Consumer Reports bases its ratings on three factors: a test drive on a closed track aimed at evaluating drivability and performance, reliability data gathered from a survey of car owners that covers 1.4 million vehicles, and crash-test data compiled by federal regulators and the IIHS.

David Zuby, IIHS senior vice president, says the institute's crash testing, regarded by safety advocates as more stringent than the NHTSA's, focuses on crash-worthiness and would also not be likely to catch problems with gas pedals or brakes. The institute provides separate ratings for front, rear and side-impact crashes, as well as for roof strength, particularly important in rollover accidents. It also awards a separate top rating to vehicles that rate well on the crash tests and also come with electronic stability control, which can help prevent accidents.

In 2009, Toyota won more IIHS Top Safety Pick awards than any other manufacturer; in 2010, it didn't win any. Zuby said he and his colleagues look at complaints filed with the NHTSA but not regularly, and when they do, they tend to focus on crash-related comments.

Consumer Reports attempts to suss out emerging problems using its vehicle owner survey. It looks for incident rates of at least 1 in 100, said David Champion, director of automobile testing for the magazine. The NHTSA has received approximately 2,262 complaints of sudden unintended acceleration in Toyotas since 1999, according to an analysis by Safety Research & Strategies, a vehicle- and product-safety research firm based in Rehoboth, Mass. Toyota sold about 20 million vehicles during that period, for an incident rate of 1 in 10,000.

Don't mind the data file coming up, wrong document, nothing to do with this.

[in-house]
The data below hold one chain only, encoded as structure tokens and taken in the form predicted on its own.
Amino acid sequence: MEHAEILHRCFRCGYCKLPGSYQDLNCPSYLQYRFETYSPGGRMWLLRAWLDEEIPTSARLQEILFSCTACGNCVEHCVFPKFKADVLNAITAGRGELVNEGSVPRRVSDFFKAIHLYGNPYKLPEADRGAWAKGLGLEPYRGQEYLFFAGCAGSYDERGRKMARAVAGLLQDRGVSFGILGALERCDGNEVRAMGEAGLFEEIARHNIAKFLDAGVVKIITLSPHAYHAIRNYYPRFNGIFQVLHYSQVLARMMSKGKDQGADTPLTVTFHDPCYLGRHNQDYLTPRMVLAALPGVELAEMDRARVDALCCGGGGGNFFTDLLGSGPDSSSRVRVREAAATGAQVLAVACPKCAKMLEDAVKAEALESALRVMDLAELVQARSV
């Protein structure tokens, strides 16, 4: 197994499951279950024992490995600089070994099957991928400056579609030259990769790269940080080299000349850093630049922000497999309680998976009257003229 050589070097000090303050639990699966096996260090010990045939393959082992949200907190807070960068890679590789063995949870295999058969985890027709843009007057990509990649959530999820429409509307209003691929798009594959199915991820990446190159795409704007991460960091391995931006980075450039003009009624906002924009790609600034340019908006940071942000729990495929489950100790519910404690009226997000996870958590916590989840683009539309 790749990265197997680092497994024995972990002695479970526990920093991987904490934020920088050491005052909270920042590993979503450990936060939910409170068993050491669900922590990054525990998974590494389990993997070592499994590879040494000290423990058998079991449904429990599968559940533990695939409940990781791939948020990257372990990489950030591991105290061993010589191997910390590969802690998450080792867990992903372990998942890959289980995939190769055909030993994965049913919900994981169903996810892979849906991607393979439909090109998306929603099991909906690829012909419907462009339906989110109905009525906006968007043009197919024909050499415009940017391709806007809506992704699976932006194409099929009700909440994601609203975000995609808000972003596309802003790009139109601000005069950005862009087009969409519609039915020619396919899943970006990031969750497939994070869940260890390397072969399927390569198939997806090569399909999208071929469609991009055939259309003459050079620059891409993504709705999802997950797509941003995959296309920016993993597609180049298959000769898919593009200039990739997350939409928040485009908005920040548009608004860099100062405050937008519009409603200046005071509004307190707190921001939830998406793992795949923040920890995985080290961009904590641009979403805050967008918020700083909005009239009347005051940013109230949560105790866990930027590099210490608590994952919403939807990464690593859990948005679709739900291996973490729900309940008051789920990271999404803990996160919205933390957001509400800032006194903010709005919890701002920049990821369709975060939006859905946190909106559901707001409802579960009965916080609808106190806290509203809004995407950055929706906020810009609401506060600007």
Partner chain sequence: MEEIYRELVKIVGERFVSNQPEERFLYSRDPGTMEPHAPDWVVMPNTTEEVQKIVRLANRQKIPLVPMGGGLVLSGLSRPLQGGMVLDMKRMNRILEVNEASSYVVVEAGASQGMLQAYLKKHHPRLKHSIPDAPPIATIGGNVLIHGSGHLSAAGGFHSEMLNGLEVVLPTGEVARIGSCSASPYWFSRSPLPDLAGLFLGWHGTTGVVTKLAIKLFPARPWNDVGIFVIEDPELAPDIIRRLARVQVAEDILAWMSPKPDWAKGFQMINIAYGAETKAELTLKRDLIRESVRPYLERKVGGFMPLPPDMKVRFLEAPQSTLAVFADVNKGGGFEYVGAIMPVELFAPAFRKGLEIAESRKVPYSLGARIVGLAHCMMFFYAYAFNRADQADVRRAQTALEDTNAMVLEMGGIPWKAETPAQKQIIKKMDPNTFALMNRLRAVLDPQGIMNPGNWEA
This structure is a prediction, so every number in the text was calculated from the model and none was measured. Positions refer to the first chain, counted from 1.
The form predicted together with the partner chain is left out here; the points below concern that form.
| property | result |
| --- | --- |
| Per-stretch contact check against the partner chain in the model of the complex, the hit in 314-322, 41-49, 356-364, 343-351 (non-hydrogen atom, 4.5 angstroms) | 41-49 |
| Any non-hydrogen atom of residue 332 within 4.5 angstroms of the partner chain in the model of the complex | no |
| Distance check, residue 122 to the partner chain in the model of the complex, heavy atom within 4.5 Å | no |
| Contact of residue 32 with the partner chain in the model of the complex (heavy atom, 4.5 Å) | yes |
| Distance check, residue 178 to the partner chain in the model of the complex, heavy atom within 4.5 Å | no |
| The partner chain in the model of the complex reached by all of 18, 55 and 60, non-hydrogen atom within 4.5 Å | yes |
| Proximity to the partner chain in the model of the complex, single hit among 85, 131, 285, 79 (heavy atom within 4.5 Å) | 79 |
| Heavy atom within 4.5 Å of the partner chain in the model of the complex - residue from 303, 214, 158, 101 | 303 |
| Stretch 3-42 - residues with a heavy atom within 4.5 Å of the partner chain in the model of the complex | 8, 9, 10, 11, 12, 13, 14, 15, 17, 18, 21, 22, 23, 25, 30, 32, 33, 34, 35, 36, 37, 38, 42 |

Consumer Reports also looked at 2008 complaints of sudden unintended acceleration in the NHTSA database and found that Toyota had received more complaints relative to its market share than its competitors. Toyota vehicles triggered 41 percent of complaints of sudden unintended acceleration; the company's market share at the time was about 17 percent. However, demonstrating how rare sudden unintended accelerations are, the total number of complaints involving Toyotas in 2008 was 52 out of 2 million, Champion said.

Champion said the magazine's methods are limited by the fact that its main source of reliability data is a self-reported survey, in contrast to warranty claims and accident and injury reports that the NHTSA and manufacturers can access.

Randy Whitfield, who runs a Crownsville statistical analysis firm, Quality Control System, likens what Consumer Reports does to a small-scale clinical drug trial, which makes it unlikely it will uncover every potential problem that is liable to crop up when the drug is used by millions. "Everything changes when you put something out in the field," he said. Whitfield's firm, which has done work for Consumers Union, said a better surveillance system is needed to track problems such as sudden unintended acceleration.

Sudden unintended acceleration is most likely a "multi-root problem," Kane said, that is more complicated than the simple mechanical explanations offered by the manufacturer.

In 2007, Toyota said the problem was gas pedals getting caught in floor mats and recalled a limited number of models. Then last November, it announced it was recalling more than 4 million vehicles due to gas-pedal-snagging floor mats. That was followed by the latest recall, involving sticky gas pedals. At least four class-action lawsuits also allege the vehicles' electronic throttle-control system is to blame.